After recently losing her mum, parkrunner Amanda O’Hare is challenging herself to run everyday in May.
Here, Amanda explains how it is going so far and how she was inspired by her parkrun anniversary.
My Mum passed away last month from cancer. We were all cared for by the incredible nurses from the local ‘hospice at home’ service during this difficult time. To help me get through my grief I decided to raise funds for them by running. I was undecided between running every day in May or running 100km in May so I’m doing both!
It’s a huge challenge but here I am. It is indeed helping me through it all and I’m finding new routes to explore most days.
This week I ran to Princes Park in Liverpool where I completed my first ever parkrun in 2018. It was my home parkrun for 18 months before I switched to Knowsley. While I was running in the park, I was thinking it must be about two years since I had experienced that first parkrun. When I got home I checked my emails. It was my parkrun anniversary and sure enough it had been exactly two years since that very first parkrun. What a coincidence!
I can’t remember how I first heard about parkrun but I had a few friends who did it. I certainly had no idea how big it was and how easily I would become hooked.
I do remember for that first parkrun I’d printed and laminated my barcode (nerves) and I clutched that barcode at the start thinking it was going to be scanned at the beginning and the end! You only need it at the end by the way. There were about 300 people gathered at the start so I was wondering how they were going to get all that scanning done before 9am.
I got talking to a girl who was staying in Liverpool on a hen do and had left her fellow hens, in their beds in the hotel, to fit in a parkrun. I thought she must be crazy and couldn’t ever imagine myself doing something like that. Well that changed!
I was elated to complete that first 5k and vowed to try to keep improving my time, which is what kept me going back initially. Then, having made some great friends with fellow parkrunners, my motivation for parkrunning became much more driven by meeting up with the people and community.
Committing to run every day in May, rather than just on Saturdays has been a bit different! My ‘100km in May’ runs have covered a variety of distances and routes. I’ve been averaging just over 6km per outing but I’ve run a couple of 8kms and the other day when I ran back to Princes Park I clocked up over 10km!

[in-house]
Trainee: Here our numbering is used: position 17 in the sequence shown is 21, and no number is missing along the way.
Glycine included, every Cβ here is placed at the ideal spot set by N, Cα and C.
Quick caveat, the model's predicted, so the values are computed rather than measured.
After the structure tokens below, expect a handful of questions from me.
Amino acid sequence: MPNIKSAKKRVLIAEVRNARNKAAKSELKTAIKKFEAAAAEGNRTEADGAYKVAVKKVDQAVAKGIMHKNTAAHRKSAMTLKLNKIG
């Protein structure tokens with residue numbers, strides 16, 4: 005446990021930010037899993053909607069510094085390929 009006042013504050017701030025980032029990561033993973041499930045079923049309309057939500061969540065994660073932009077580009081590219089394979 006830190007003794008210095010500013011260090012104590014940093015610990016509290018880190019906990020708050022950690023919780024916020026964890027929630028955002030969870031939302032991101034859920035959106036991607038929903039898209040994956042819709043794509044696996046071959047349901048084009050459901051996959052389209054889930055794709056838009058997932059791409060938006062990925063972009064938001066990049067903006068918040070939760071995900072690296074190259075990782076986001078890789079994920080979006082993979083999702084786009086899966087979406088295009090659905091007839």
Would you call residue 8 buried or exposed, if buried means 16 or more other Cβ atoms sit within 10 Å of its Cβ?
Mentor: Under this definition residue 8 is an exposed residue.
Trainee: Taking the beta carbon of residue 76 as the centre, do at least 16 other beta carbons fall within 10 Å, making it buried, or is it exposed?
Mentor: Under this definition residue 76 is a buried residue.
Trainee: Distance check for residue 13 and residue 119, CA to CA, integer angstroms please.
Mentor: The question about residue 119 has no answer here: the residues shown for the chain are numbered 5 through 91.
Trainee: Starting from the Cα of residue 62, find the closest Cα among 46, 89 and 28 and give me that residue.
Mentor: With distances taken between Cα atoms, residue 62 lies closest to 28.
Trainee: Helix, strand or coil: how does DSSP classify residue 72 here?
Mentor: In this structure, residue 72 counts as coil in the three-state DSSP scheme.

As of today, May 15, I have run 99.9km! I have wanted to save the 100th km on purpose for May 16 as it would have been my Mum’s birthday.
I am loving finding new routes from my house and beyond. My friends are enjoying following my adventures on social media. I post pictures and updates every day and I’m getting some really kind and motivational responses from people, including my parkrun family and Run Director.
When Mum was cremated she had requested a ‘direct cremation’ so there was no one there and no service. I knew the best thing I could do would be to be out running at the time, so off I went to my favourite park, found my favourite spot and sat and listened to a favourite song. It was cathartic and I felt much better for having done it. I know this method of dealing with grief isn’t for everyone but, particularly without parkrun and other get-togethers happening at the moment, I found it really helpful.
I hope to be back at parkrun as soon as it’s safe to do so, it’ll be a really emotional return and I look forward to welcoming all the people who’ve found walking, jogging and running as a great form of exercise during the lockdown.
Every Saturday I’ve made sure I wear my 50 parkrun t-shirt. I even spotted someone else running in theirs while I was in Northumberland caring for Mum, which was great to see.
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